$ 26 billion plan to save Houston area from rising seas

This story at the origin Appeared on Darkness and is part of Climate Office collaboration.

When Hurricane Ike made landfall in 2008, Bill Merrell took refuge on the second floor of a historic brick building in downtown Galveston, Texas with his wife, daughter, grandson and two chihuahuas. Sustained 110 mph winds lashed the building. Sea water flooded the ground floor to a depth of over 8 feet. Once overnight, Merrell saw an almost full moon and realized that they had entered the eye of the hurricane.

Years earlier, Merrell, a physical oceanographer at Texas A&M University in Galveston, had visited the gigantic Eastern Scheldt Storm Barrier, a nearly 10 km long bulwark that prevents North Sea storms from d ‘flood the south coast of the Netherlands. As Ike roared outside, Merrell couldn’t stop thinking about the barrier. “The next morning I started sketching out what I thought was reasonable here,” he said, “and it turned out to be pretty close to what the Dutch would have done.”

These sketches were the start of the Ike Dyke, a proposed coastal barrier intended to protect Galveston Bay. The basic idea: to combine huge gates through the main entrance to the bay of the Gulf of Mexico, known as the Bolivar roads, with many kilometers of high dikes.

Just across from Galveston, at least 15 people died that night on the Bolivar Peninsula and the storm destroyed some 3,600 homes there. Bodies were still missing the following year when Merrell started promoting Ike Dike, but, he said, the idea “was really ridiculed in a pretty universal way.” Politicians didn’t like its costs, environmentalists worried about its impacts and no one was convinced it would work.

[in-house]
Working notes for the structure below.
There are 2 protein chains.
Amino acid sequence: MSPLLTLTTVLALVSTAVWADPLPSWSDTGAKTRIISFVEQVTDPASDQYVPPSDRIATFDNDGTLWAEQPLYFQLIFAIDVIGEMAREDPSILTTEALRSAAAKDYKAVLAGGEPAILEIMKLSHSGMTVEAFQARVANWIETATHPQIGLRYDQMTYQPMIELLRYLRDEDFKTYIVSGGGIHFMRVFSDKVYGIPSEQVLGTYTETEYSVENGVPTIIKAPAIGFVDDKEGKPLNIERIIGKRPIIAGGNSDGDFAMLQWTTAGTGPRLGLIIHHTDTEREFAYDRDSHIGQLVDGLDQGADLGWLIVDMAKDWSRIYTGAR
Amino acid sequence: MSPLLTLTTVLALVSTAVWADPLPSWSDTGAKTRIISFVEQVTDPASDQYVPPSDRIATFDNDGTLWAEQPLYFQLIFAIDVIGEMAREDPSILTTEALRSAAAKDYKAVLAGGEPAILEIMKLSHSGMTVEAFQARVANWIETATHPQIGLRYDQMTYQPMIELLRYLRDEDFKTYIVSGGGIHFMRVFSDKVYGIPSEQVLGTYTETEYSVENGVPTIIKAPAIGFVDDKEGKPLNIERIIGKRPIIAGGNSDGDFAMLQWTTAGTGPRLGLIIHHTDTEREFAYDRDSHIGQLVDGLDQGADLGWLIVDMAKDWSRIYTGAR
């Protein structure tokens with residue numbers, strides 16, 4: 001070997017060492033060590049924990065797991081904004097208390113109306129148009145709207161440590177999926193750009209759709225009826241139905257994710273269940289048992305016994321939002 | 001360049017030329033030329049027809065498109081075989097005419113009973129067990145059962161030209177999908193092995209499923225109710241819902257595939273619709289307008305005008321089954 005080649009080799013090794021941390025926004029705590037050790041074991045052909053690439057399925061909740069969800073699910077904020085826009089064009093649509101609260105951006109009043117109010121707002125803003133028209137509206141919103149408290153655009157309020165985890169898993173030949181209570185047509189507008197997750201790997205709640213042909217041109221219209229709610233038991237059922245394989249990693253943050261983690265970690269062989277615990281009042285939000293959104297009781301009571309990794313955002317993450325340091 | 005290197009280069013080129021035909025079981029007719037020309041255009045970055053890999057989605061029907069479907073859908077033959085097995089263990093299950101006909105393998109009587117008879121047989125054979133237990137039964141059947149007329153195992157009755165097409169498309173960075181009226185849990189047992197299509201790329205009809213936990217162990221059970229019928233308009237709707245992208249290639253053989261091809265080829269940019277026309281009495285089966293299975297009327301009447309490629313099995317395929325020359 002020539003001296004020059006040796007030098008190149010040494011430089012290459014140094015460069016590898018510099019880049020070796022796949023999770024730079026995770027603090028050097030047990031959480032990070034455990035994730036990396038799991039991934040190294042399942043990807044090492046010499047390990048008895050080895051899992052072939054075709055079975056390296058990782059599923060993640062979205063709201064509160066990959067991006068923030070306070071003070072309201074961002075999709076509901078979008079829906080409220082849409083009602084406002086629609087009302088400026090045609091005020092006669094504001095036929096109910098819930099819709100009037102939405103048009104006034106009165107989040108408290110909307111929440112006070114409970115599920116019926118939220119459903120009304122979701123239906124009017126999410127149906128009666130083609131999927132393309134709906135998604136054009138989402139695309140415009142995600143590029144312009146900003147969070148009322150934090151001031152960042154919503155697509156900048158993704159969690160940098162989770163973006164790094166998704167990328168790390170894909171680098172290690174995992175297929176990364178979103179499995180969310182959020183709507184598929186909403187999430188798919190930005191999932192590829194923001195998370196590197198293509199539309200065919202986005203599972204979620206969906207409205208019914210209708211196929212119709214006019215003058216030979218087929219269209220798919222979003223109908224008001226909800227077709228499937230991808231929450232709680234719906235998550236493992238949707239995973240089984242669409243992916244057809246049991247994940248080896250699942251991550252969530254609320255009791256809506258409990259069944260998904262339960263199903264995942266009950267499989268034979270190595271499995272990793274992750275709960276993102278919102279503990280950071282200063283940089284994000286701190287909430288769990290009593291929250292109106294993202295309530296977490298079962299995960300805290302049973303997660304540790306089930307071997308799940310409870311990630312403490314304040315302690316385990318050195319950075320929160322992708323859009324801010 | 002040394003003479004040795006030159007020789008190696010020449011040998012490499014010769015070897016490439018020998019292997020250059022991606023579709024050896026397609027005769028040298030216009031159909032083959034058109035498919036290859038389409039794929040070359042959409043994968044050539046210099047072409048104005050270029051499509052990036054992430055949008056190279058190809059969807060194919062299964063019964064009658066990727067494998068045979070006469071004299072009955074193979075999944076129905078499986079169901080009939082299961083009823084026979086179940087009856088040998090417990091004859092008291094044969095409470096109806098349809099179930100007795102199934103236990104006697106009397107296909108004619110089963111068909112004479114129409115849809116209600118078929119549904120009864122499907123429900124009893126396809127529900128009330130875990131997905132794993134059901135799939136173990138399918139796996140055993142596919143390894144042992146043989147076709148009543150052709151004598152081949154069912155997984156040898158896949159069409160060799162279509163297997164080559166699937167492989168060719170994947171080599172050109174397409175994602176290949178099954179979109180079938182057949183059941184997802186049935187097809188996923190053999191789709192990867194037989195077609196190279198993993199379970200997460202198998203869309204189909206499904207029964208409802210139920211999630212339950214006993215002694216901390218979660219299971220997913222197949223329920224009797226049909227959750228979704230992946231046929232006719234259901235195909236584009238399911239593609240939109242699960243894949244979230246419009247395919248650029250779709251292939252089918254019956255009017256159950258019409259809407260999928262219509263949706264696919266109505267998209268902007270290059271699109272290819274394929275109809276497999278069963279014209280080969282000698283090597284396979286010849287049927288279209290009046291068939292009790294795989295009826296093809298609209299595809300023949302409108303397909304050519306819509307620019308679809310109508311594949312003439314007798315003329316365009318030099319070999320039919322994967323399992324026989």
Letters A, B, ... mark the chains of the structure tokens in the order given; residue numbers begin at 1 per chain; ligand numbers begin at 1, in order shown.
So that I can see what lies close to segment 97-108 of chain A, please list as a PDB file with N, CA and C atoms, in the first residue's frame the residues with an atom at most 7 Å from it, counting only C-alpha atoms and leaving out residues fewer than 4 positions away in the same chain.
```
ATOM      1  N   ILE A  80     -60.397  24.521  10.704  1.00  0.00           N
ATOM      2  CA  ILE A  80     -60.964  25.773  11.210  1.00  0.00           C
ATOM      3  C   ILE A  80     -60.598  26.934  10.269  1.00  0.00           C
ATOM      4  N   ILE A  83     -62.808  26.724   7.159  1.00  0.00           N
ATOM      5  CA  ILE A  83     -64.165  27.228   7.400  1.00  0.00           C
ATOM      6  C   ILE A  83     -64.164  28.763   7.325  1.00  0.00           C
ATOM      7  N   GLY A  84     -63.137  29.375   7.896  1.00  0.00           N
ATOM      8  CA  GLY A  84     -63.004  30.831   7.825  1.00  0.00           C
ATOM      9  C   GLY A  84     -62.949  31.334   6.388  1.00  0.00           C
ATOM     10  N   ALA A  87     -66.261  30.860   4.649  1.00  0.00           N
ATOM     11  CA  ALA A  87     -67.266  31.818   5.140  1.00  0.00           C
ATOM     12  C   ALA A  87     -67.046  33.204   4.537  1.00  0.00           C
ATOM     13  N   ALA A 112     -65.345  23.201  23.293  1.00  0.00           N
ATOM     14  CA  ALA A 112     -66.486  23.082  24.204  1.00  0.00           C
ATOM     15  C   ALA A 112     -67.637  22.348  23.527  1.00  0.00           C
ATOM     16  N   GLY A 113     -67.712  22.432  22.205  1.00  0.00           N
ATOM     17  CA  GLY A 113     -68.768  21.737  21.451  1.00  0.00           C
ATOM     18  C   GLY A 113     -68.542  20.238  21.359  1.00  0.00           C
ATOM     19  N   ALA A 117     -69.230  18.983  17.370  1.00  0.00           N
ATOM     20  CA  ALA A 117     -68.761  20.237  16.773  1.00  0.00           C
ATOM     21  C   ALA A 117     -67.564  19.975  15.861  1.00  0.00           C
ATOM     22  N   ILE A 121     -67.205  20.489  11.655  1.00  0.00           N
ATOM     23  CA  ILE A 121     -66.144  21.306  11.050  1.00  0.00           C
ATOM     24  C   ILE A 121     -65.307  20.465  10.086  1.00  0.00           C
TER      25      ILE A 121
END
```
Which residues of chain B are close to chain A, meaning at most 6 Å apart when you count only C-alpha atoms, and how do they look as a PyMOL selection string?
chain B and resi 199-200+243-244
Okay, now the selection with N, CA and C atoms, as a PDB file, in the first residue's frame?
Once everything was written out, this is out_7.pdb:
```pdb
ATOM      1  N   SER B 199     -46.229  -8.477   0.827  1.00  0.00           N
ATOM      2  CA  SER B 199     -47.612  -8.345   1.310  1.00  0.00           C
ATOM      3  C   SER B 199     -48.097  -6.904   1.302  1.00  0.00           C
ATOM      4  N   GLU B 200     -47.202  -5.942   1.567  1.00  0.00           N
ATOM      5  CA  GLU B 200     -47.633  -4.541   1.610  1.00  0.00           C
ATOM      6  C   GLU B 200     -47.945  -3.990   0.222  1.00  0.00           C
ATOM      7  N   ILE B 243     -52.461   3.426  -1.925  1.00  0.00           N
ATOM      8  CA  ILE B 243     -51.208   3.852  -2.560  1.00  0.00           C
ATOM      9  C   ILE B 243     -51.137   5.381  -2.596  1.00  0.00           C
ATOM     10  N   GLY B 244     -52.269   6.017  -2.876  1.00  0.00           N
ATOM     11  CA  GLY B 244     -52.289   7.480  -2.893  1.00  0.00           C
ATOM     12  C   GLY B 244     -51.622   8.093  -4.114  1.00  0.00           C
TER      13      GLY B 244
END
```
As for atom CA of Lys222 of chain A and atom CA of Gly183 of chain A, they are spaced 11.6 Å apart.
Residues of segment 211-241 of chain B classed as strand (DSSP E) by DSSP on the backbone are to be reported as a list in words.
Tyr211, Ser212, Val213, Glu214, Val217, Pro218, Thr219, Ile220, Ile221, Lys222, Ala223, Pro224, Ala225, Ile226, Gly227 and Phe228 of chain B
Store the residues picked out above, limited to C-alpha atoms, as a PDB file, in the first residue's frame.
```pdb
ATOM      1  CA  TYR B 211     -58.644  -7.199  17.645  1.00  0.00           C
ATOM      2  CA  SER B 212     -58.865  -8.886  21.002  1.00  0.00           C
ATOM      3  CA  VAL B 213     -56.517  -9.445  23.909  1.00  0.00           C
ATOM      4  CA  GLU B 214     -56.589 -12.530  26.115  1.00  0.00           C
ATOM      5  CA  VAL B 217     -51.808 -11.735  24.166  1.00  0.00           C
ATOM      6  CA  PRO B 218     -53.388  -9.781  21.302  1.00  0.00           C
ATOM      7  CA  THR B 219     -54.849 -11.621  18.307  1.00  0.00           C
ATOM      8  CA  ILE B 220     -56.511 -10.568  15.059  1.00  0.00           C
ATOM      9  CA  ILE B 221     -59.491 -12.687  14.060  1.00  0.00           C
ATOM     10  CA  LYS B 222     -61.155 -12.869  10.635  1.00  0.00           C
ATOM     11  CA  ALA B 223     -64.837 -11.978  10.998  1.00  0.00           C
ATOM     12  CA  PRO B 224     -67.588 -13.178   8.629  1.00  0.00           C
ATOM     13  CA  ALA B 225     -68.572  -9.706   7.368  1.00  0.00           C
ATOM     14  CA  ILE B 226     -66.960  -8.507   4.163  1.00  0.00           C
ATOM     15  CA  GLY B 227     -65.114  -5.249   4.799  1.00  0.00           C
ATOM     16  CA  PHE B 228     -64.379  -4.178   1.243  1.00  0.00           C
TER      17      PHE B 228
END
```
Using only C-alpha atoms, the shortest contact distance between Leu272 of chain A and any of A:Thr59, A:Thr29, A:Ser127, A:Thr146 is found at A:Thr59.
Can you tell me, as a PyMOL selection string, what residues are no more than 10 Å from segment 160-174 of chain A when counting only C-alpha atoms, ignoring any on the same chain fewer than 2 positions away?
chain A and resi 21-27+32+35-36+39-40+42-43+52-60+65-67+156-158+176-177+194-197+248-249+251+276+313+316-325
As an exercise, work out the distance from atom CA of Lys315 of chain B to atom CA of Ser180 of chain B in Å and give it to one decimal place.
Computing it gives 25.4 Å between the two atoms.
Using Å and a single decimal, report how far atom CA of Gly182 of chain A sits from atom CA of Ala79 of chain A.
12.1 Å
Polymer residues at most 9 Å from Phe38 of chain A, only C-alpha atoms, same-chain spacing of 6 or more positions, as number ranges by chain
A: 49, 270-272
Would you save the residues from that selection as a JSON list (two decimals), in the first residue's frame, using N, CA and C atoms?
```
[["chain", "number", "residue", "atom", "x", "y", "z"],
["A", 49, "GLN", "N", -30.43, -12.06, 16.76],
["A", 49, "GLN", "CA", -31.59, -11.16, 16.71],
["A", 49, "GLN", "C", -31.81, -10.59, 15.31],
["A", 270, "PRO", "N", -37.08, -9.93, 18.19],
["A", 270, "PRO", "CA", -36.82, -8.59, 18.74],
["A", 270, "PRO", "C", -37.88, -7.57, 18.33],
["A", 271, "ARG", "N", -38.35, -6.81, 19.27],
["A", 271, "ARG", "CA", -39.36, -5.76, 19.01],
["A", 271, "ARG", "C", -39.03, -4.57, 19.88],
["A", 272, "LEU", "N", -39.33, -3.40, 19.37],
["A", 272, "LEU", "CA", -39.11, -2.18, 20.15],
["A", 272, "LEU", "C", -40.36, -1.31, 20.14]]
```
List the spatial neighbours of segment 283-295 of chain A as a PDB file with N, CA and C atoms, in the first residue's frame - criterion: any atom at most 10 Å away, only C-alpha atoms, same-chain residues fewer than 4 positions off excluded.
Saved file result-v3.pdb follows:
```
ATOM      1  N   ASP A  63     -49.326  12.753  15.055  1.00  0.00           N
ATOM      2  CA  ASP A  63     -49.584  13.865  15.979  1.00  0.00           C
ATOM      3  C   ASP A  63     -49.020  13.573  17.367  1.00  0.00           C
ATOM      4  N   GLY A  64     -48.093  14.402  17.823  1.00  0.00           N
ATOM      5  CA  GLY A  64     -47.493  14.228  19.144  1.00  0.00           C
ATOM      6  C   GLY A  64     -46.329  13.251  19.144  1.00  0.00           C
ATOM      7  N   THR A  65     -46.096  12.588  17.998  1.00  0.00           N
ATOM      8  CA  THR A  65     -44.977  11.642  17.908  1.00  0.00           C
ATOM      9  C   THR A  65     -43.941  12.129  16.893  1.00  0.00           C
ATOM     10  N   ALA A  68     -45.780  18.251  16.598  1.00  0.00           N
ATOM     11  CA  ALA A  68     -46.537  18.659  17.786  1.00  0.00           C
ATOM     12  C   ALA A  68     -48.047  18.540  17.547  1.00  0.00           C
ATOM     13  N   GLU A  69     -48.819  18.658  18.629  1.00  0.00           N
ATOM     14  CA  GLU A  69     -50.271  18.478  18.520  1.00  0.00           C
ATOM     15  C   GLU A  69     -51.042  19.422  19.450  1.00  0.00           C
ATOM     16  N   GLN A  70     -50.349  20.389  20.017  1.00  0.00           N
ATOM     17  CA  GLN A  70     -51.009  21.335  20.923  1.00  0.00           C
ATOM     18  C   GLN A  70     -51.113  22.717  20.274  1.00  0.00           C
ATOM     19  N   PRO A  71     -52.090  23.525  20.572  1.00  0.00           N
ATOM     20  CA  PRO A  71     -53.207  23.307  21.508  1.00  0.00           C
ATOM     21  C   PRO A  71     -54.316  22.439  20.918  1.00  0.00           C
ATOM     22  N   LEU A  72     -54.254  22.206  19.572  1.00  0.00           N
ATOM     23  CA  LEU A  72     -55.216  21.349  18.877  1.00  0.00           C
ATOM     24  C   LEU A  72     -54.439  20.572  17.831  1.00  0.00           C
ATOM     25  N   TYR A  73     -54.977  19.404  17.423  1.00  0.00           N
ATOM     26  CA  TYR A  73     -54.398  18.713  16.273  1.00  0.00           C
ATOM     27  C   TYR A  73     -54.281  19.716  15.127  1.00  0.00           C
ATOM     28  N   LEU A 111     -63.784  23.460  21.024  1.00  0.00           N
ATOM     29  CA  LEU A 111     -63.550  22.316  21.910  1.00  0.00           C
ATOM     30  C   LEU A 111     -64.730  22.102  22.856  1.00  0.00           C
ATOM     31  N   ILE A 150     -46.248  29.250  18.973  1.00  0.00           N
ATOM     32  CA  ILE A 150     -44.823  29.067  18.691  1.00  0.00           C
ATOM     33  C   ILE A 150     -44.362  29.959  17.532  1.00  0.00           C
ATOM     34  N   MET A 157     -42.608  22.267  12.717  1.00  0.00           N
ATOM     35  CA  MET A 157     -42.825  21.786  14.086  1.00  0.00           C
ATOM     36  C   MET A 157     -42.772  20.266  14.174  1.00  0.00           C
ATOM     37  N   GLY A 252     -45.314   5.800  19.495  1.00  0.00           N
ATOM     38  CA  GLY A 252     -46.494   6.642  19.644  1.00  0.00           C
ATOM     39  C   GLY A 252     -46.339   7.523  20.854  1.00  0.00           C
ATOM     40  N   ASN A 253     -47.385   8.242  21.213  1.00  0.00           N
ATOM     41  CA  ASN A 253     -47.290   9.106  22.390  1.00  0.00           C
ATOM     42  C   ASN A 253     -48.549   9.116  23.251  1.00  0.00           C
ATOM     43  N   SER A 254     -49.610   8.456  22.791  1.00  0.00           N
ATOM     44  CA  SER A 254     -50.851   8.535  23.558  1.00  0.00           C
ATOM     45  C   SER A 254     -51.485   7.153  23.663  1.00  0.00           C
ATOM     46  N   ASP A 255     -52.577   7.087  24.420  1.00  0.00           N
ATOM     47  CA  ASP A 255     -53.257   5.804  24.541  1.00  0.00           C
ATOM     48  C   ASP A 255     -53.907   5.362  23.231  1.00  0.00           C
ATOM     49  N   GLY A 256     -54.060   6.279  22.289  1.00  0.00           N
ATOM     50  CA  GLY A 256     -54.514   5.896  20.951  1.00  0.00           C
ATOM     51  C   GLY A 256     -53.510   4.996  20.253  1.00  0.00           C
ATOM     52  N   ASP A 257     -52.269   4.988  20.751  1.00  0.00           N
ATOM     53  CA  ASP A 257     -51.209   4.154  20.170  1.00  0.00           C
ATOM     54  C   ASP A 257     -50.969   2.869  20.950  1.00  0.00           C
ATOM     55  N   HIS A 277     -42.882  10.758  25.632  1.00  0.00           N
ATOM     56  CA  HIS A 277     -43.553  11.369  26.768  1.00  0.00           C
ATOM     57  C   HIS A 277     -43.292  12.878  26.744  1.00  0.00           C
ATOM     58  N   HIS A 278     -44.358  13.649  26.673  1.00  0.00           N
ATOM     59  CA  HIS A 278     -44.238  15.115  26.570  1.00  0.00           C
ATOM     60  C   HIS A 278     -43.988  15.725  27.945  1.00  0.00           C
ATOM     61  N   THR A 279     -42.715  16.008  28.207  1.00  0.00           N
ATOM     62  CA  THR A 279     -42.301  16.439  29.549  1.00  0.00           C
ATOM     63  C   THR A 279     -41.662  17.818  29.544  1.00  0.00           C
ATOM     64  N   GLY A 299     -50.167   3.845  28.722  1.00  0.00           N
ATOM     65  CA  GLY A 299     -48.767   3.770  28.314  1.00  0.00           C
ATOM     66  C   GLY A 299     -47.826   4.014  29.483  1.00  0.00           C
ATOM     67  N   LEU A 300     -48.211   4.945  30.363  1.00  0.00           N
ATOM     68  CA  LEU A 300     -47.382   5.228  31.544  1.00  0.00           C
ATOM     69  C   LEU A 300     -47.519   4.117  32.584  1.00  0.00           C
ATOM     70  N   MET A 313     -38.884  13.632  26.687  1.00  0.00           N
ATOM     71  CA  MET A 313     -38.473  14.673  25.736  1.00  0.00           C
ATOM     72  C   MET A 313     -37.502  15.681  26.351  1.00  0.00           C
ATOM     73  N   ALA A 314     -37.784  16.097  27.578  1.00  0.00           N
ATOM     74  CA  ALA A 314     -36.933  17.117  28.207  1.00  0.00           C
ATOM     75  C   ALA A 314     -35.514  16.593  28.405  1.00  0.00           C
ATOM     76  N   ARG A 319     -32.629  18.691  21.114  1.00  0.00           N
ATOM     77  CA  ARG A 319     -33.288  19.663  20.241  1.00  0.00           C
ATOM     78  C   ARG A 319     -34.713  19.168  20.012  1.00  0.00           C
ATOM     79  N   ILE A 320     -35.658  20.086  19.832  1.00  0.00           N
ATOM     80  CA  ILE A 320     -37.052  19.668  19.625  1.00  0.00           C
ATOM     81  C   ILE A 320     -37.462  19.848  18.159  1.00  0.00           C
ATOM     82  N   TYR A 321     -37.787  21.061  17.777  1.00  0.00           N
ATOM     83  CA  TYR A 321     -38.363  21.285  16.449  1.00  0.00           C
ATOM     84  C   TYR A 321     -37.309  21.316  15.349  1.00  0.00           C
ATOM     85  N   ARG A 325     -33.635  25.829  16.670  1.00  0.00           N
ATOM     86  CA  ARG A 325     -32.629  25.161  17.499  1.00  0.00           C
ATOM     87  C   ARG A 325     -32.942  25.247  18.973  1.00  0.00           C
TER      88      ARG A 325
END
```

Merrell persisted. Back in the Netherlands, he visited experts from the University of Delft and got their support. Over the following years, Dutch and American university researchers conducted dozens of studies on Galveston Bay options, while Merrell and his allies garnered support from local communities, business leaders and politicians.

In 2014, the US Army Corps of Engineers partnered with the state to study Ike Dike-type alternatives for Galveston Bay. After many iterations, bills to establish a governance structure for the $ 26.2 billion barrier proposal, which the Corps developed alongside the Texas General Land Office, recently passed both the Texas House and Senate. In September, the Corps will present its recommendations to the US Congress, which will need to approve funding for the project.

No one can guess the exact fate of the barrier proposal, given its huge price tag. And as sea levels rise and storms intensify with global climate change, Houston is far from the only coastal metropolitan area in the United States at serious risk. Multi-billion dollar coastal megaprojects are already underway or under consideration from San Francisco to Miami to New York.

President Joe Biden’s new $ 2 trillion national infrastructure initiative specifically calls for projects on the country’s besieged coastlines. The initiative for Houston, the fifth largest metropolitan area in the United States and the vulnerable heart of the petrochemical industry, highlights the tough decisions for coastal megaprojects, which must balance societal needs, engineering capabilities, environmental protections and costs.

Meanwhile, the sea continues to rise. “There’s a significant tension between having to fix these issues and getting it done quickly,” said Carly Foster, resilience expert at global design consultancy Arcadis, “and also getting it right”.

Hurricane Ike, seen 220 miles above Earth from the International Space Station, September 10, 2008.

Photograph: NASA

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